Fórum EMB de Discussões
[  EMB's Main Menu  |  Forum Index  |  Cadastro  |  Search  ]
   
ENGLISH
PORTUGUESE
 LINGUISTICS & CULTURE


Autor:  orlando
E-mail:  não-disponível
Data:  01/DEZ/2003 1:19 PM
Assunto:  Re: to Tom and Miguel Vieira
 
Mensagem:  Interesting! Readers' Opinions from NYTimes December 1, 2003 Cheating in School, Cheating in Life (6 Letters) To the Editor: In "Exposing the Cheat Sheet, With the Students' Aid" (front page, Nov. 26), you claim that a high-pressure, achievement-oriented culture led to rampant cheating at affluent Staples High School in Westport, Conn. But blaming the system for cheating ignores the culpability of the students themselves. Students must learn to resist temptation, or they will crack under pressure for the rest of their lives. After high school, there will be pressure to succeed in college, get ahead and make large sums of money. Cheating can be rewarding in many lines of work, as we have seen in the recent accounting and mutual fund scandals. These privileged students are the ones most likely to be running our major institutions in 15 years. They must begin resisting temptation today. PAM PAXTON PAUL VON HIPPEL. Columbus, Ohio, Nov. 27, 2003 . To the Editor: Re "Exposing the Cheat Sheet, With the Students' Aid" (front page, Nov. 26): In our society, acquiring wealth has been the most important goal for a long time. Now that many have attained it, there's a new status symbol: an Ivy League education. Why would anyone, especially a kid, believe that this new holy grail should be achieved honestly, when so much evidence shows that the biggest success goes to cheaters who don't get caught? Knowledge and wisdom should be goals in and of themselves. But acquiring them is hard work, with no guaranteed payoff except joy and self-respect. ADELE BILDERSEE New York, Nov. 26, 2003 The writer is the director of libraries and information services at the Dalton School in New York • To the Editor: Perhaps parents who are in denial about student cheating ("Exposing the Cheat Sheet, With the Students' Aid," front page, Nov. 26) should consider the consequences of sending into the labor force young men and women who, because they cheated their way through school, are unprepared to do the work for which they are hired. Purely from a practical standpoint, wouldn't these parents want accomplished workers to perform the services they rely on for their health, safety and well-being? MEL MINTHORN Wilton, Conn., Nov. 26, 2003 . To the Editor: Re "Exposing the Cheat Sheet, With the Students' Aid" (front page, Nov. 26): In the 1930's, I had 12 years of primary education at a small progressive school in Alabama. The classes were small. The teachers could work with students individually, and make learning fun. There were no grades, no marks and no cheating. And parents didn't have to bribe their children to excel. MALCOLM CAMPBELL Montclair, N.J., Nov. 26, 2003 • To the Editor: Re "Exposing the Cheat Sheet, With the Students' Aid" (front page, Nov. 26): If one of the reasons that schools don't punish student cheaters is the fear that the students' parents will sue them, then perhaps high schools should consider the following option: Redesign student honor codes to include an optional, but legally binding, code for parents who agree to support the principles of academic integrity and reject legal action if their child is found guilty of cheating. In addition, transcripts from schools that use such a code should indicate if a student's parents endorsed it. Given the increasing importance of students' values, I would think that college admissions committees would be very interested in this piece of information. MIGUEL ROIG Rumson, N.J., Nov. 26, 2003 The writer is an associate professor of psychology, St. John's University, Staten Island. • To the Editor: "Exposing the Cheat Sheet, With the Students' Aid" (front page, Nov. 26) reminded me of a former high school buddy, who told me that he had a foolproof method for cheating on exams. "What you do is, you lay out all your cheat sheets the night before the exam — and then you memorize them," he explained. "That way there's no evidence!" ETHAN GORENSTEIN Metuchen, N.J., Nov. 26, 2003 Source:The New York Times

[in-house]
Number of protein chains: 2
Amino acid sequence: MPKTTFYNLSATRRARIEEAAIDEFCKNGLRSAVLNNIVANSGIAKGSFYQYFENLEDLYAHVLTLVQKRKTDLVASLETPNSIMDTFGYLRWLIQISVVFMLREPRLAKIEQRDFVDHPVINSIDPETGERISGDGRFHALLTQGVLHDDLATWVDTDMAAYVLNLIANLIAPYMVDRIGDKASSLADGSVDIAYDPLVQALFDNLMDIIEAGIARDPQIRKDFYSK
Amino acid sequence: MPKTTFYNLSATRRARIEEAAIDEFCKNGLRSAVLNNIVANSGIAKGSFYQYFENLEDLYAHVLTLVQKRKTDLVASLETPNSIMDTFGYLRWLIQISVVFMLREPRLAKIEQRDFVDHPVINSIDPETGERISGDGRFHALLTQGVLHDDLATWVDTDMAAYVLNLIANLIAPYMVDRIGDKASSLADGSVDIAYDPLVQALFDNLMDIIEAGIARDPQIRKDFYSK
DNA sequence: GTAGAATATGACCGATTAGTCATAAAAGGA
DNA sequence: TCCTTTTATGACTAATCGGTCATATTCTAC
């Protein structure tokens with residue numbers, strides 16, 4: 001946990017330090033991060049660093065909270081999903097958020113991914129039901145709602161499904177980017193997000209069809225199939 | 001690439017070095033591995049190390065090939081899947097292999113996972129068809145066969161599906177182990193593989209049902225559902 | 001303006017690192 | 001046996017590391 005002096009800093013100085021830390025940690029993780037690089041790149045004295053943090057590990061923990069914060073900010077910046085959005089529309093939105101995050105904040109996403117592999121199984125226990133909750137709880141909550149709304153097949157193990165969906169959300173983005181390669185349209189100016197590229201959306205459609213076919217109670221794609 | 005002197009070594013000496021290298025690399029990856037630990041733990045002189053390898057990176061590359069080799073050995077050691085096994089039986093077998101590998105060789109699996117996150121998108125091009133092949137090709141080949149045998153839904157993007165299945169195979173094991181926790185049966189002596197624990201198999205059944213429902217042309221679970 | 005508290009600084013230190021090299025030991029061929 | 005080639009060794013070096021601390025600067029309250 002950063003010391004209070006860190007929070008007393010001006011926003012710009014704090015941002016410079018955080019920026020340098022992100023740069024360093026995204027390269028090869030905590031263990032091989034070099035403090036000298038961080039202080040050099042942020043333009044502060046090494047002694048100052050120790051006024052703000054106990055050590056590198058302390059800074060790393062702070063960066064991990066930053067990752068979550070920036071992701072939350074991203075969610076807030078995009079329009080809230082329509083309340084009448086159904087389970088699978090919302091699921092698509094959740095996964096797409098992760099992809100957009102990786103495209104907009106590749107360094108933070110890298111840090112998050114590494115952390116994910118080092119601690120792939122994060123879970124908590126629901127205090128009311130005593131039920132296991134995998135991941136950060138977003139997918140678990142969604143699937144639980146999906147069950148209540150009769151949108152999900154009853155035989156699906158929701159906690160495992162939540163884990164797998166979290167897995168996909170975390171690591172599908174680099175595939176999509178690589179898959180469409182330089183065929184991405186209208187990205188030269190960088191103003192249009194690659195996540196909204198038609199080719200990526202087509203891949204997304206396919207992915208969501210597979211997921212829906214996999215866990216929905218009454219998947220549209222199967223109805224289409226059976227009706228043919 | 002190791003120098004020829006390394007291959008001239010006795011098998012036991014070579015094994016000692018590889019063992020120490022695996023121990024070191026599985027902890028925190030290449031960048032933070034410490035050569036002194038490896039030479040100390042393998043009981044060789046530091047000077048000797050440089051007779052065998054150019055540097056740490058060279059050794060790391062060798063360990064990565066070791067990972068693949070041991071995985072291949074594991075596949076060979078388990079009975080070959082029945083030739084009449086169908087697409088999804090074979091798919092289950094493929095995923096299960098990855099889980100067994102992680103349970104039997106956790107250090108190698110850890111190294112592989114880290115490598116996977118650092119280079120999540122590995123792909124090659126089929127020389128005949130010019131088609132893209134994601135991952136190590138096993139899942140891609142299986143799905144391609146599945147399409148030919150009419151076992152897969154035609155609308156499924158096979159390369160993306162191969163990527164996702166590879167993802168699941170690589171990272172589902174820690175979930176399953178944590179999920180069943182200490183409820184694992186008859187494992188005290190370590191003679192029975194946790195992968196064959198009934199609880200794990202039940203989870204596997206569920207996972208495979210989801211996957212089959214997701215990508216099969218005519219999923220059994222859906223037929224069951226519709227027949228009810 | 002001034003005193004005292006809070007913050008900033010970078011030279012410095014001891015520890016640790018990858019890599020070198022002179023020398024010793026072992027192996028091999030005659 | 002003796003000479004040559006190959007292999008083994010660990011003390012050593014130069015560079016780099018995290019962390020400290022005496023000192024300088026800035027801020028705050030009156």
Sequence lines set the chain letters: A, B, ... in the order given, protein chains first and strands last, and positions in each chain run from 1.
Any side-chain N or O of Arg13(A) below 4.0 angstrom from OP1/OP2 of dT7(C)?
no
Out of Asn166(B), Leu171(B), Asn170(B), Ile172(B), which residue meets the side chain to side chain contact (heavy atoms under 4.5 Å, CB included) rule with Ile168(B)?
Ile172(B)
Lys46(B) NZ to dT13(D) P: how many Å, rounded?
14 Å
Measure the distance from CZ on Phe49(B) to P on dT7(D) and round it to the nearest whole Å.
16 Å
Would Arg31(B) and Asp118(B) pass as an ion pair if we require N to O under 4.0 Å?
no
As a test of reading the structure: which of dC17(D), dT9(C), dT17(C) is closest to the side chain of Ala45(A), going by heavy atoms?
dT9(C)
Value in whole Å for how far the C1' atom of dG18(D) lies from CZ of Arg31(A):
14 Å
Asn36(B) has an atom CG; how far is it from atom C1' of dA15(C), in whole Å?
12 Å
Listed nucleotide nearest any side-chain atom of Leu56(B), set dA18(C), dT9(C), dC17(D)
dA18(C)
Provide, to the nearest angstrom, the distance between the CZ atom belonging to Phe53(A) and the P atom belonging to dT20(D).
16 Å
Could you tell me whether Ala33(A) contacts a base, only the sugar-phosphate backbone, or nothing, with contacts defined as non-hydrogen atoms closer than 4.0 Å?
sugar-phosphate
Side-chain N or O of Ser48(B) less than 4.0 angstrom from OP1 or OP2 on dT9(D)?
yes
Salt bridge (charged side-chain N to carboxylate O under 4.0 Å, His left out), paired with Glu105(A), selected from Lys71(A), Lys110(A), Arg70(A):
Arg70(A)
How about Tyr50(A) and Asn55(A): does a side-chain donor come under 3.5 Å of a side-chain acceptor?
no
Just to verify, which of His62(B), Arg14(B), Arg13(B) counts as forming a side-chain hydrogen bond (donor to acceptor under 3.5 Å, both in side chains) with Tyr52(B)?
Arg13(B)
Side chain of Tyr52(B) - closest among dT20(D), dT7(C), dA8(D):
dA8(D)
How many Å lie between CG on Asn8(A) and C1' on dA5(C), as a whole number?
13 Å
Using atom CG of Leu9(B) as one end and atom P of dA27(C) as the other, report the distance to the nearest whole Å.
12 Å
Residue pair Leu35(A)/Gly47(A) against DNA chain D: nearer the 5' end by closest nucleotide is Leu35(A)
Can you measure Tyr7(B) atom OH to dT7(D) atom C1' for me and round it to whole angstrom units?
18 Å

Envie uma resposta
Índice de mensagens


 English Made in Brazil -- English, Portuguese, & contrastive linguistics
to Tom and Miguel Vieira  –  Ana Maria  30/NOV/2003, 8:44 PM
Re: to Tom and Miguel Vieira  –  Tom  30/NOV/2003, 11:31 PM
Re: to Tom and Miguel Vieira  –  Fabio  01/DEZ/2003, 5:08 AM
Re: to Tom and Miguel Vieira  –  Maria Valeska  01/DEZ/2003, 11:18 AM
Re: to Tom and Miguel Vieira  –  Fabio  01/DEZ/2003, 1:00 PM
 Re: to Tom and Miguel Vieira  –  orlando  01/DEZ/2003, 1:19 PM
Re: to Tom and Miguel Vieira  –  orlando  01/DEZ/2003, 2:14 PM
Re: to Tom and Miguel Vieira  –  Maria Valeska  02/DEZ/2003, 3:14 PM

Contents of this forum are copy-free.
By S&K